The FAA does a fine job of providing a framework for our safe flying. But, even within that, there are a few arcane things that might not make sense or might be done better. My favorite example is 91.126 that essentially says if the Class G airport has standard left traffic, When approaching to land … each pilot of an airplane must make all turns … to the left. Its difficult to argue that entering a traffic pattern isnt approaching to land, but that first turn is to the right, against the rules. (Yes, the FAA has talked around this, but it says what it says and thats not what we do.)
The MON will remain until an advanced system emerges that can seamlessly recover from a GPS failure. Until 2014 the FAA advanced a system that provides alternate positioning, navigation, and timing (APNT) as GPS provides PNT. In 2015 APNT research was pushed into NextGens far term, 2026-2030. Once the MON is complete, the FAA plans to re-evaluate existing VORs, but at that point, APNT research will just be getting off the ground. The bottom line: some VOR navigation will be with us for years to come. Youd be well advised to keep your VOR navigation skills sharp.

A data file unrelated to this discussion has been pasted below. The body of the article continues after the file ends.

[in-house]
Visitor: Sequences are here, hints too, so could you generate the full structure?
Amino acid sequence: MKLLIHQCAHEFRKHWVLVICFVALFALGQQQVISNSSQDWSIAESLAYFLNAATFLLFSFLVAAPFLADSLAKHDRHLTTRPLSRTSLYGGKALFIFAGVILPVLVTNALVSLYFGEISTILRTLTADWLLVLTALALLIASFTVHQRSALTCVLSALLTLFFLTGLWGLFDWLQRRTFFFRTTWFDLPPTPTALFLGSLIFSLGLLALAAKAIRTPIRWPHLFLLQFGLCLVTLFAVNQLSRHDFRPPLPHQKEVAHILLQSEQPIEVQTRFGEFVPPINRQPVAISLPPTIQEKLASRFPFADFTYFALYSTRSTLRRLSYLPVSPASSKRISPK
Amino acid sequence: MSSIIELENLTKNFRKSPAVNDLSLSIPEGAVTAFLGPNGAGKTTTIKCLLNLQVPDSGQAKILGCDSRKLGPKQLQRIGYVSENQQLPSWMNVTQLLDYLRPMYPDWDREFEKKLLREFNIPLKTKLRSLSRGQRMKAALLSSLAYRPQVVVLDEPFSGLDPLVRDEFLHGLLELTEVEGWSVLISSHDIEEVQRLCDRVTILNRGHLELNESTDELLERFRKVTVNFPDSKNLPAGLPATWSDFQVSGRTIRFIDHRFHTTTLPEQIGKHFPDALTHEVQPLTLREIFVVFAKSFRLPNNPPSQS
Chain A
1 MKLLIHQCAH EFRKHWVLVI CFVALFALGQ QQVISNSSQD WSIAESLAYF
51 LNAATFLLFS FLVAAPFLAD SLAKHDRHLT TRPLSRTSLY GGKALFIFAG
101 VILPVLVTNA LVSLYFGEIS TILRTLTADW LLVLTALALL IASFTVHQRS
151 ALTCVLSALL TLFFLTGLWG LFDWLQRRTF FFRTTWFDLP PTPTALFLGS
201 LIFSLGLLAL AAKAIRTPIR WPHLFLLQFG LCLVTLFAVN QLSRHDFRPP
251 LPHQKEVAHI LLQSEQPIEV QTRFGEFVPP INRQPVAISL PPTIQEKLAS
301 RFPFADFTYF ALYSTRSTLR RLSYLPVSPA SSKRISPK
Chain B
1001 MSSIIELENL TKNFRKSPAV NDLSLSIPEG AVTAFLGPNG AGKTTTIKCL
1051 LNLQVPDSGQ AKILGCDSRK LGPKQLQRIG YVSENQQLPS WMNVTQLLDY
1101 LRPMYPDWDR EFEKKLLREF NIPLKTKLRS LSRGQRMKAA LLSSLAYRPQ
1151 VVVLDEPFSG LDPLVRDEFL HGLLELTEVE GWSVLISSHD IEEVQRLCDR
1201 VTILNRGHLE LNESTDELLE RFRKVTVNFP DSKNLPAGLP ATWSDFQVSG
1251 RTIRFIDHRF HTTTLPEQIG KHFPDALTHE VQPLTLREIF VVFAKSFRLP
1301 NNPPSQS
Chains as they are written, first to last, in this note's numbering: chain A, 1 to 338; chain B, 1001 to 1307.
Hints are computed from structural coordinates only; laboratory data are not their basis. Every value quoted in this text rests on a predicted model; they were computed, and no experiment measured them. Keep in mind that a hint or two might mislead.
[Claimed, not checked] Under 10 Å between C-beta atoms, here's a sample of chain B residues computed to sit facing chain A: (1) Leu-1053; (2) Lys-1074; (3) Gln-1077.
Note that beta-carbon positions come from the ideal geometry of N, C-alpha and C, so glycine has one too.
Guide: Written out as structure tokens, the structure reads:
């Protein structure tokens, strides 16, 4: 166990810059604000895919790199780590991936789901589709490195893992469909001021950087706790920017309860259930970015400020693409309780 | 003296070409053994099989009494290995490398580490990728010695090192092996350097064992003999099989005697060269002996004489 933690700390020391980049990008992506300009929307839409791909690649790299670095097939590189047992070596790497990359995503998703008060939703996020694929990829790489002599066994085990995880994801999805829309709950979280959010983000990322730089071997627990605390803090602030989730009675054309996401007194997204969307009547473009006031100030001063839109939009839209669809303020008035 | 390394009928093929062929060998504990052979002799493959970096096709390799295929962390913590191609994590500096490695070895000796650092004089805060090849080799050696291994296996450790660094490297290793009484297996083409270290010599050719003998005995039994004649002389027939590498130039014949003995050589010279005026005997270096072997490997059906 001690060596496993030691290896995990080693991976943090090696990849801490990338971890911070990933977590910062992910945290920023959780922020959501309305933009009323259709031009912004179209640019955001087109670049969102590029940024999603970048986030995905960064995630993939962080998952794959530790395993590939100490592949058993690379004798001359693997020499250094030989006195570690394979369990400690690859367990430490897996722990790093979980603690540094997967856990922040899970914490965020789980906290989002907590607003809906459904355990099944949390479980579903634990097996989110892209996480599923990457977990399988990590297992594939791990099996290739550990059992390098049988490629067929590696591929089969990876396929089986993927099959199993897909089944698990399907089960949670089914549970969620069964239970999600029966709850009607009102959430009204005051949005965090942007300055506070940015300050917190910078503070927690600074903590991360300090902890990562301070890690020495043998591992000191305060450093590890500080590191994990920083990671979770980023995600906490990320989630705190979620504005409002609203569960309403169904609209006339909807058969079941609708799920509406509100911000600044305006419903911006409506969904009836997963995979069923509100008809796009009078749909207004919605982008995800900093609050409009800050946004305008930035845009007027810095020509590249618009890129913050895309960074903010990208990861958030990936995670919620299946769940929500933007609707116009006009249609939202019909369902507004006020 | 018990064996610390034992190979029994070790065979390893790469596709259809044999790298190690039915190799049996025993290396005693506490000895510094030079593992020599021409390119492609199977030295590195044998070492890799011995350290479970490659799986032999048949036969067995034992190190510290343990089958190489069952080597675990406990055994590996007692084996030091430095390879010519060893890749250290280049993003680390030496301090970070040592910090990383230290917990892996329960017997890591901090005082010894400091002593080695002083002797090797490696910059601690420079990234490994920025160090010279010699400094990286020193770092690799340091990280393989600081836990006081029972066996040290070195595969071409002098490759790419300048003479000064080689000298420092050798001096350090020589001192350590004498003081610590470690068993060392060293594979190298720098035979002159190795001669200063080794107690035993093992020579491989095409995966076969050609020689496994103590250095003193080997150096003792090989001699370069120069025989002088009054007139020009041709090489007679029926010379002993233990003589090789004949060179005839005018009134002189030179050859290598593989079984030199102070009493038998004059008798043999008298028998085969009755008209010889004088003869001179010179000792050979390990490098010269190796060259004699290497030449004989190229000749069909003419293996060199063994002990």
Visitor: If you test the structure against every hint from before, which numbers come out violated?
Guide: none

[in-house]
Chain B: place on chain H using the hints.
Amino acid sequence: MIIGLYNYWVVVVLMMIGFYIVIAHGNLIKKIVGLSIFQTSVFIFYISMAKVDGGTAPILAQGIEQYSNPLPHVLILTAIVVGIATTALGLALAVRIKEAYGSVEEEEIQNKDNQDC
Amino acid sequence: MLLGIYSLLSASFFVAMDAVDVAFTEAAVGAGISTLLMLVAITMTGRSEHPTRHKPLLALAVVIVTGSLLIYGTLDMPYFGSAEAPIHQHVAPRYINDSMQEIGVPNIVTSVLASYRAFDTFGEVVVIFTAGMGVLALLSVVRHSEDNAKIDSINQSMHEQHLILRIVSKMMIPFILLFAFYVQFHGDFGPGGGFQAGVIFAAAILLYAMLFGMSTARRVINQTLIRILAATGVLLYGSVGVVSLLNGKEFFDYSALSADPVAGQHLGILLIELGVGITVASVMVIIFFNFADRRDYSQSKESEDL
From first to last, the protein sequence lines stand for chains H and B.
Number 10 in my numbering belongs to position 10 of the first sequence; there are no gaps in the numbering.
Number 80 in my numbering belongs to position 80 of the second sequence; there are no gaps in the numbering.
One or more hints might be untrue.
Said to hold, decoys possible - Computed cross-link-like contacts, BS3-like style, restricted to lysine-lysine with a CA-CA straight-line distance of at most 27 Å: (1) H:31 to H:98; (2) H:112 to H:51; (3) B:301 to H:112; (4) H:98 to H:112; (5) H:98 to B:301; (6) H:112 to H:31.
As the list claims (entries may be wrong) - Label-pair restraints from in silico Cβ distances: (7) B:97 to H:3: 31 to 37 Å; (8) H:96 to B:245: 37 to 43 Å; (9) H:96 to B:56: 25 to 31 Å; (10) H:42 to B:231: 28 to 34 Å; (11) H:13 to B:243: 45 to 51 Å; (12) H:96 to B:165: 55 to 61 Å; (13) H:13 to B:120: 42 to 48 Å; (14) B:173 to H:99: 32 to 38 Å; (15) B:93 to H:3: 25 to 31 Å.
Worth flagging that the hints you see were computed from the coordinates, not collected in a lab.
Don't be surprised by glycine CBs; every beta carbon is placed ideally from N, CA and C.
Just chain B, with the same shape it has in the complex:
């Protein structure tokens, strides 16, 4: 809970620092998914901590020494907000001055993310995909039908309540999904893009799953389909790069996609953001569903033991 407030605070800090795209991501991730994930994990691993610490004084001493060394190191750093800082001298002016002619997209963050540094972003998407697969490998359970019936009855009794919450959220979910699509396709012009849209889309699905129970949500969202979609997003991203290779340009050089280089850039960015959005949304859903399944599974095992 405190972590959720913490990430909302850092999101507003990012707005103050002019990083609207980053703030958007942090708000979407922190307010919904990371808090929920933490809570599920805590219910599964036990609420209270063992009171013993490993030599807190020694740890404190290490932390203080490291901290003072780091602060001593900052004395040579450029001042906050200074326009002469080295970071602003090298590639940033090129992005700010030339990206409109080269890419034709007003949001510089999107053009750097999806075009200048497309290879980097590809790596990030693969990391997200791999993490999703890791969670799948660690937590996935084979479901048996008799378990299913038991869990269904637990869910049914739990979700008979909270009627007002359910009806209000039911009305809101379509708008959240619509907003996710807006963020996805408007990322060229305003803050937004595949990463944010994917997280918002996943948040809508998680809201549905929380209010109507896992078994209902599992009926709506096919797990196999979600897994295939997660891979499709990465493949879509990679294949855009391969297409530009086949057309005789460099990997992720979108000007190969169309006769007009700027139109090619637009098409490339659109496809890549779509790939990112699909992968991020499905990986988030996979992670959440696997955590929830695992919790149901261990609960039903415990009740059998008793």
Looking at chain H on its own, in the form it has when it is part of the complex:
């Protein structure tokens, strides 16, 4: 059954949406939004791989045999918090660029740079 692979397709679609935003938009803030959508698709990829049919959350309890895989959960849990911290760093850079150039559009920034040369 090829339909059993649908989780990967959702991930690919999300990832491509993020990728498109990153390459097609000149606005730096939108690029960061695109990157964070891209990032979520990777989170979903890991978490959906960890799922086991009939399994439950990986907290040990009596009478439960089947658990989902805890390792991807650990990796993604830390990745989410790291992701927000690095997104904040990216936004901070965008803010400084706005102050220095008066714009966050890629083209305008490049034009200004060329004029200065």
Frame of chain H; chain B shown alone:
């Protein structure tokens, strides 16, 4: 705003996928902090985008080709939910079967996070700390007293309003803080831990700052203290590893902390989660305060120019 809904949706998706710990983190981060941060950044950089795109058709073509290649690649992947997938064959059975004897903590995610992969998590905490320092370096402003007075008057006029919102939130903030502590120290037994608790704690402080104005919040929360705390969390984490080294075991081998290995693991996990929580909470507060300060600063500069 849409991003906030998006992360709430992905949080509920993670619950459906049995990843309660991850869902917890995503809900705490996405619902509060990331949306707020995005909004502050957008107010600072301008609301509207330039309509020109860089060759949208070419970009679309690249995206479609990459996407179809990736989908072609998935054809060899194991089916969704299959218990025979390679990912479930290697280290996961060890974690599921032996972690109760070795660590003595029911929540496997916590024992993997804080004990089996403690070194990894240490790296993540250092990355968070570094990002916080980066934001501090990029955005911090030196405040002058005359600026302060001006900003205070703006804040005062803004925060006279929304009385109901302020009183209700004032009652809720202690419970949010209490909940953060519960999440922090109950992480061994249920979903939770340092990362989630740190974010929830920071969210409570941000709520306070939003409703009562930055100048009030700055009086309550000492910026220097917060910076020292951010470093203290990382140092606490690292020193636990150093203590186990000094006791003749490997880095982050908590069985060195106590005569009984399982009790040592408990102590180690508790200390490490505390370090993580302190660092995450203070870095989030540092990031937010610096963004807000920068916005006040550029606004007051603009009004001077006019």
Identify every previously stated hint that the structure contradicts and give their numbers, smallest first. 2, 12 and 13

Since we trust our lives to procedures designed to TERPS standards whenever were in the soup, lets pull back the curtain just a little bit to see whats going on behind the scenes of our approach charts. Note that collectively the TERPS standards easily run over 1000 pages and often involve quite a bit of math, so this is intended to be an overview and is by no means exhaustive. We will be looking at basic concepts and how they apply to approach procedures in this article; in a future article well discuss standards for other phases of flight.